One in a series of excerpts from THE NEXT DECADE by Stratfor CEO George Friedman.
Korea may play a critical role. It is already the thorn in the side of both parts of the Sino-Japanese balance, but it is particularly irksome for the Japanese. For historical reasons, Korea despises the Japanese and distrusts the Chinese. It is not particularly comfortable with the United States, for that matter, but at least geography has made it dependent on the U.S.
As Japan increases in power and China weakens, the Koreans will need the United States more than ever, and the United States will rely on Korea to increase U.S. options for dealing with both countries. Fortunately, the U.S.-Korean relationship already exists, and for that reason extending it would not cause signi?cant concern to either Japan or China.
Korea also has become a signi?cant technological center. China in particular will be hungry for that technology, and having some control over the rate of transfer would increase U.S. leverage with China. For their part, the Koreans will need help in dealing with the North Korean nuisance, particularly in handling the ?nancial aspects of reuni?cation when it inevitably comes. A uni?ed Korea would want special trade opportunities with the United States, and even though Korea has nowhere else to turn, the American president should make such concessions, because over the next ten years Korea may well be the most important relationship the United States has in the western Paci?c. But reuni?cation is not the core issue. North Korea, for all its bluster, is a cripple, and its nuclear facilities exist only as long as others permit it. North Korea’s nuclear program has bought it time by de?ecting pressure. It cannot stabilize North Korea permanently. South Korea, in contrast, remains a dynamic power on its own and will remain a dynamic power whatever happens in the north.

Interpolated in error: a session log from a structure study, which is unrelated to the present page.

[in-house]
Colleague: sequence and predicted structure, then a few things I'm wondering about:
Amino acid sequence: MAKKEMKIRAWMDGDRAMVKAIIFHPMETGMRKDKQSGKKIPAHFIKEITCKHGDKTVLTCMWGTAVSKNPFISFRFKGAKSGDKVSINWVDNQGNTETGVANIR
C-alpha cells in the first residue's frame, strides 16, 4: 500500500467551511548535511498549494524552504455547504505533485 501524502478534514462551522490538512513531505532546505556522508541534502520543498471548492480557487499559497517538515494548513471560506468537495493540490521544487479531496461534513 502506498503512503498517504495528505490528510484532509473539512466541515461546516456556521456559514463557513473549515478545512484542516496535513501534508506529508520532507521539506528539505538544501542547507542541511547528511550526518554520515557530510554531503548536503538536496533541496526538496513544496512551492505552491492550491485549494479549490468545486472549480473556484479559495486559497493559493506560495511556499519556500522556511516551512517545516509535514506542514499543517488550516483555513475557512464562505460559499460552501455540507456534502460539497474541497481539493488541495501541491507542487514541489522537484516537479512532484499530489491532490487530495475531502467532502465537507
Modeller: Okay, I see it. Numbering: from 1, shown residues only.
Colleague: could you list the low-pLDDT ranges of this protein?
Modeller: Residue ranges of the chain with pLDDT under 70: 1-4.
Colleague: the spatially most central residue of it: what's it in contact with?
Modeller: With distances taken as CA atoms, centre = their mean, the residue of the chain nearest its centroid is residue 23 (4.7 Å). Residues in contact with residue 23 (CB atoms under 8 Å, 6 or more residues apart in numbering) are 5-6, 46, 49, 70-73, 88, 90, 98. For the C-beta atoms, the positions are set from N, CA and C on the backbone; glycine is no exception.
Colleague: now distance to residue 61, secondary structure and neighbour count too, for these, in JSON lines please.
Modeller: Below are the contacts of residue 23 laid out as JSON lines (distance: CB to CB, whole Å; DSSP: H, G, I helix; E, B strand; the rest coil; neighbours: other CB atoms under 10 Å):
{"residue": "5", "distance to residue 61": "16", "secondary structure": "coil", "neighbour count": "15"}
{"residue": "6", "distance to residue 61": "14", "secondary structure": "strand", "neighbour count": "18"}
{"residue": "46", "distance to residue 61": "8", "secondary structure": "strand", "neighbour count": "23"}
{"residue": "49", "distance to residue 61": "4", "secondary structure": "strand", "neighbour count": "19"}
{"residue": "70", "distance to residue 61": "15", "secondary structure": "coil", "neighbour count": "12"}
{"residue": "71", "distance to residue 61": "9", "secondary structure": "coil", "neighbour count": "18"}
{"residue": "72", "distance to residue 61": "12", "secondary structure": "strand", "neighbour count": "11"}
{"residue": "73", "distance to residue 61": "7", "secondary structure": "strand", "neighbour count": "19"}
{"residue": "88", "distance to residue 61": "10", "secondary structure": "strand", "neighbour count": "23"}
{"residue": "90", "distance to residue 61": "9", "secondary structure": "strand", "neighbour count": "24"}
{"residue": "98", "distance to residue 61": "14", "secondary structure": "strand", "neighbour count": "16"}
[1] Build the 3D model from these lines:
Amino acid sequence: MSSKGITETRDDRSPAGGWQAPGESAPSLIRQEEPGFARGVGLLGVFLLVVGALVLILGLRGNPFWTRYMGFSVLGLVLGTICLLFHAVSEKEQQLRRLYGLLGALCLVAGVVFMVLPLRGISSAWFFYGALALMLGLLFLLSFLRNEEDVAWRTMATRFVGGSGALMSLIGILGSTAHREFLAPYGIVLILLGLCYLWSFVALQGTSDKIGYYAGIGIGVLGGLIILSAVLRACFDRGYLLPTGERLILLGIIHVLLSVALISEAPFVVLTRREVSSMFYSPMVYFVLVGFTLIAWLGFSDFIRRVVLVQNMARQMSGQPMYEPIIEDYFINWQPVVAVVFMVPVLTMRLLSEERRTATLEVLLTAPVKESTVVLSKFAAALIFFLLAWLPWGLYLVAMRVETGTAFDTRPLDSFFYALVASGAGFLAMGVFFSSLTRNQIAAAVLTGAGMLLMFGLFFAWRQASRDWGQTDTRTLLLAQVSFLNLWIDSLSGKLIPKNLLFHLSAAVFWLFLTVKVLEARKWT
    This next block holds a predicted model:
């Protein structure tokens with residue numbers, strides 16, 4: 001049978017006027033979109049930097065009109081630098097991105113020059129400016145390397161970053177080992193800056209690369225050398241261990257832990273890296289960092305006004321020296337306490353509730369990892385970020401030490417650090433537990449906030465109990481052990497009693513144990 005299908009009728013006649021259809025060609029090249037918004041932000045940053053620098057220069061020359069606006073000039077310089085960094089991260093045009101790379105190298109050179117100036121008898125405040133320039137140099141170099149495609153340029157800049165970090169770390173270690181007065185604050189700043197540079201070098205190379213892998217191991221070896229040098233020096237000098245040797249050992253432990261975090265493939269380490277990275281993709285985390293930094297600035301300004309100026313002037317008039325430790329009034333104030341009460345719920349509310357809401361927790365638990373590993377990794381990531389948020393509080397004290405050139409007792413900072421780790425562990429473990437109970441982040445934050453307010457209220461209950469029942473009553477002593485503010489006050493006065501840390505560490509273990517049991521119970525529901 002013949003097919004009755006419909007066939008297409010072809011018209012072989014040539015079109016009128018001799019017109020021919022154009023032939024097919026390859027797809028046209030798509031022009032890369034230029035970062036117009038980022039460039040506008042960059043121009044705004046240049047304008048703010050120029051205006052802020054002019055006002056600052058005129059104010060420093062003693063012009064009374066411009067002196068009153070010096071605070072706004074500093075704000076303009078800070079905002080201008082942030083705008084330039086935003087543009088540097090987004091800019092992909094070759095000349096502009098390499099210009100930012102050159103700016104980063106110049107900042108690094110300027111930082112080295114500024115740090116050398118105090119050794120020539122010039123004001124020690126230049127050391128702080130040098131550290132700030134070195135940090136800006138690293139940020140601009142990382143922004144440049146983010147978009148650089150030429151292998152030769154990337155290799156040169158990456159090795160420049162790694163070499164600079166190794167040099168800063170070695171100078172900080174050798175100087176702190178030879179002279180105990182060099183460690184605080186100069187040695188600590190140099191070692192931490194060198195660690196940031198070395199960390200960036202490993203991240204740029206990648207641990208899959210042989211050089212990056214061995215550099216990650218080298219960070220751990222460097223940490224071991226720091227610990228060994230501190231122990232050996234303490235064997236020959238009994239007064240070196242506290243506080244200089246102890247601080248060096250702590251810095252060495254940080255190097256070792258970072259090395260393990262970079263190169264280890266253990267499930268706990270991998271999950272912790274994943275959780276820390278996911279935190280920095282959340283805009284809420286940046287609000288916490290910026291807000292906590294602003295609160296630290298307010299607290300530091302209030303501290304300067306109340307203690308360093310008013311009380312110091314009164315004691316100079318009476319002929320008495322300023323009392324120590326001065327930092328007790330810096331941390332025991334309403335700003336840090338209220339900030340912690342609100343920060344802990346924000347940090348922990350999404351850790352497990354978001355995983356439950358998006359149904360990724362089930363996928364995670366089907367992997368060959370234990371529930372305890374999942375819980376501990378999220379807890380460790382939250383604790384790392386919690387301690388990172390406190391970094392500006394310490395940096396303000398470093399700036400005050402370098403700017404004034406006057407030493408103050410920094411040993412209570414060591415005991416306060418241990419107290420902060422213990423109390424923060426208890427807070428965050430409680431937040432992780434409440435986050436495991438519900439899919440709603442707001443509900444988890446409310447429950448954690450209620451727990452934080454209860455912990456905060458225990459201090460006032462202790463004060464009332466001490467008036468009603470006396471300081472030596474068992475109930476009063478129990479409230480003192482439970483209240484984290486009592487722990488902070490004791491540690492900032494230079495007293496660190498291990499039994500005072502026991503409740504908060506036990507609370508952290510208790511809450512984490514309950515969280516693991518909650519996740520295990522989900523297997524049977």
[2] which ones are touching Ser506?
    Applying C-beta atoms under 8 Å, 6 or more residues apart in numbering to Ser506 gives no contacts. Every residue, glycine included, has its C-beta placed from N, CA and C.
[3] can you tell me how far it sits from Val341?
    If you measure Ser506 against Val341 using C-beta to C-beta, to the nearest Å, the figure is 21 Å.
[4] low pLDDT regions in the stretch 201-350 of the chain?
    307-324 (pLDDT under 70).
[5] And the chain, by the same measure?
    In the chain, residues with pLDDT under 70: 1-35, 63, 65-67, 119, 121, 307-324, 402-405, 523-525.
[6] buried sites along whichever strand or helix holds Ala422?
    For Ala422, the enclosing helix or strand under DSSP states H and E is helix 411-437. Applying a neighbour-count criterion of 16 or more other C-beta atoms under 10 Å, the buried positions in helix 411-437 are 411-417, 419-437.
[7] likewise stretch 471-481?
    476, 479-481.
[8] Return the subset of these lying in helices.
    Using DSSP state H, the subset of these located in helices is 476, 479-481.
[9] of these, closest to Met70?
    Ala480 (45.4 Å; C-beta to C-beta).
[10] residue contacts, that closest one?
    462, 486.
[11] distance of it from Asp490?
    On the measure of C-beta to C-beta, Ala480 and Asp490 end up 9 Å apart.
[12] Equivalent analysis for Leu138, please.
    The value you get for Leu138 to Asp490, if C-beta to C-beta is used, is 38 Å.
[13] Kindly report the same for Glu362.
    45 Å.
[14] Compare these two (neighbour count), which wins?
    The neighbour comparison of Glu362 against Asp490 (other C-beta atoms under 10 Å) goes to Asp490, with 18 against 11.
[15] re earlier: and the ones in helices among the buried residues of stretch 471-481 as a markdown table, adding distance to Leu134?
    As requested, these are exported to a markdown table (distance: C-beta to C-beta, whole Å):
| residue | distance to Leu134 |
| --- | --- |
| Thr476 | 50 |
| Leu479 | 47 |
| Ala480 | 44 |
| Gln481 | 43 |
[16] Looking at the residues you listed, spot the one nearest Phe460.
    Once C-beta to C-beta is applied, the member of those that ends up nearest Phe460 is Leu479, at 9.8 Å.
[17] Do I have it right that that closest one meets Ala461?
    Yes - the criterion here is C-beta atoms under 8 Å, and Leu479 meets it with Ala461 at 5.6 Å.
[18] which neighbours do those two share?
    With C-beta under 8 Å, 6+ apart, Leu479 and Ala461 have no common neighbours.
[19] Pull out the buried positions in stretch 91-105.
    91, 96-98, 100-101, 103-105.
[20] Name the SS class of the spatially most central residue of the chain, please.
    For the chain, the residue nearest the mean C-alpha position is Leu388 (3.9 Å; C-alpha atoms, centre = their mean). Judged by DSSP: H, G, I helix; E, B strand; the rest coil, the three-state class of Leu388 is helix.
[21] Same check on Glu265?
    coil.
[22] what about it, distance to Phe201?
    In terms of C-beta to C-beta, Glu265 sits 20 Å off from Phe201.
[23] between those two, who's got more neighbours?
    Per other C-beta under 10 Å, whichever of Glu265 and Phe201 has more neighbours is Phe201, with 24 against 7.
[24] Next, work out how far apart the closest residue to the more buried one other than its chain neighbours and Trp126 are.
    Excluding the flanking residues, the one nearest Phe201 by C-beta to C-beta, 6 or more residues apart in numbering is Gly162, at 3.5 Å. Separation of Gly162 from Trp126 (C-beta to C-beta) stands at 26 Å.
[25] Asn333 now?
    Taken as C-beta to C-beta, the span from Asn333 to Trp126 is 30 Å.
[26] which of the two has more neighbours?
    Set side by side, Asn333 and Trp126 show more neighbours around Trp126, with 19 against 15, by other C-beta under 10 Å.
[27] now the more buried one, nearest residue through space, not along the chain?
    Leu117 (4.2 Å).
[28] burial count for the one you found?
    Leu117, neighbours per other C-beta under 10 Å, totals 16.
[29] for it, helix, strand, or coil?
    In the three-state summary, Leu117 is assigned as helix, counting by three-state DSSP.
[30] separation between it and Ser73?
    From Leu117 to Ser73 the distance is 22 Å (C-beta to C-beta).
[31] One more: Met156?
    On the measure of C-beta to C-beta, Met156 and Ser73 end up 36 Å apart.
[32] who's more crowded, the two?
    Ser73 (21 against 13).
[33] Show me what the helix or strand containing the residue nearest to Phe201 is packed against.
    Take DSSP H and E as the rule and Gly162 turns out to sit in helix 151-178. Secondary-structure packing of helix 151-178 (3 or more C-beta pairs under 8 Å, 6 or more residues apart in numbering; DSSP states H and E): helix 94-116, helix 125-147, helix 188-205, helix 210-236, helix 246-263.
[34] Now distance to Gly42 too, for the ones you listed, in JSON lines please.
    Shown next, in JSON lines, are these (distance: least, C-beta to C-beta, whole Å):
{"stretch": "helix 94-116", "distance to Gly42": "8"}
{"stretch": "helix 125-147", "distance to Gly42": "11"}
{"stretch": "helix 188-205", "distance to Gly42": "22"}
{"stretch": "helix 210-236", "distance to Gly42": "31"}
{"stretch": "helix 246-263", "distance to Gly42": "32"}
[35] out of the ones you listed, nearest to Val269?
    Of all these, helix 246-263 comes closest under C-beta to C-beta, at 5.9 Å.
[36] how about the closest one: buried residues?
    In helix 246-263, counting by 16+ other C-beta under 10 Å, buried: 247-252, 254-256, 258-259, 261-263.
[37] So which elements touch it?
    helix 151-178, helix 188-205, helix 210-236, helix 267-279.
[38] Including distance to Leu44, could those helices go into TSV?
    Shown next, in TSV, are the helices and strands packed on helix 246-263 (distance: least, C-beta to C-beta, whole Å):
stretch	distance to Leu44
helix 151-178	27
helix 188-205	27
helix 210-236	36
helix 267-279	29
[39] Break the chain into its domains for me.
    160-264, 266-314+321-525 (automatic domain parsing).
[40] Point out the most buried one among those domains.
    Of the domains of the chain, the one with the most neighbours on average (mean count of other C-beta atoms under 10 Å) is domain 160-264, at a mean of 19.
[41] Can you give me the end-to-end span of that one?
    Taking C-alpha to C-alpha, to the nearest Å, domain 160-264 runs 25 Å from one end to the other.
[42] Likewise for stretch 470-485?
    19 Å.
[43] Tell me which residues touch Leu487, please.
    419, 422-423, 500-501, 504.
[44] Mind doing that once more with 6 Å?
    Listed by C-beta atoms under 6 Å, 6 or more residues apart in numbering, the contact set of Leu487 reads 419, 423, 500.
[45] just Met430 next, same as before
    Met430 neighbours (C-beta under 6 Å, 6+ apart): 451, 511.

The second important relationship the United States will have in the region is with Australia. One of the last landmasses to fall under European control, it is certainly on the margins of the world geographically, and most of its population remains con?ned to a relatively small area of the country’s southeast.
Geopolitically, Australia is misunderstood and misunderstands itself. It appears to be isolated and secure, yet its isolation is an illusion and its vulnerability real. For example, its nearest neighbor is Indonesia, a highly fragmented and weak country, separated from Australia by hundreds of miles of water. During World War II, Indonesia and its eastern neighbor, New Guinea, served an important strategic function for Australia, soaking up the Japanese attack and leaving the Japanese too weak to think about extending themselves farther south. Interestingly, World War II and Australia’s island buffers to the north have reinforced its sense of security, in spite of creating worries about boat people.
Despite the appearance of standing alone and secure, Australia is actually quite dependent on international trade, particularly the sale of food products and industrial minerals such as iron ore, to sustain its economy. These goods are shipped by sea, and Australia has no control whatever over the security of its sea-lanes. In a sense, then, Australia is like a creature whose arteries and veins are located outside its body, unprotected and constantly at risk.
Australia’s strategy for dealing with this vulnerability has been to ally itself with the dominant naval power in the western Paci?c—once Britain, now the United States. All alliances bear costs, and the British and Americans wanted the same quid pro quo: Australia’s participation in their wars. Australians sacri?ced heavily in the Boer War both world wars, and in Korea and Vietnam. Between 1970and 1990 the Australians pulled back from this role as military partner, but during this period there were few calls for their participation. In 1990, in Desert Storm, they returned to their strategy of assisting in military operations, and they then went on to ?ght in both Afghanistan and Iraq.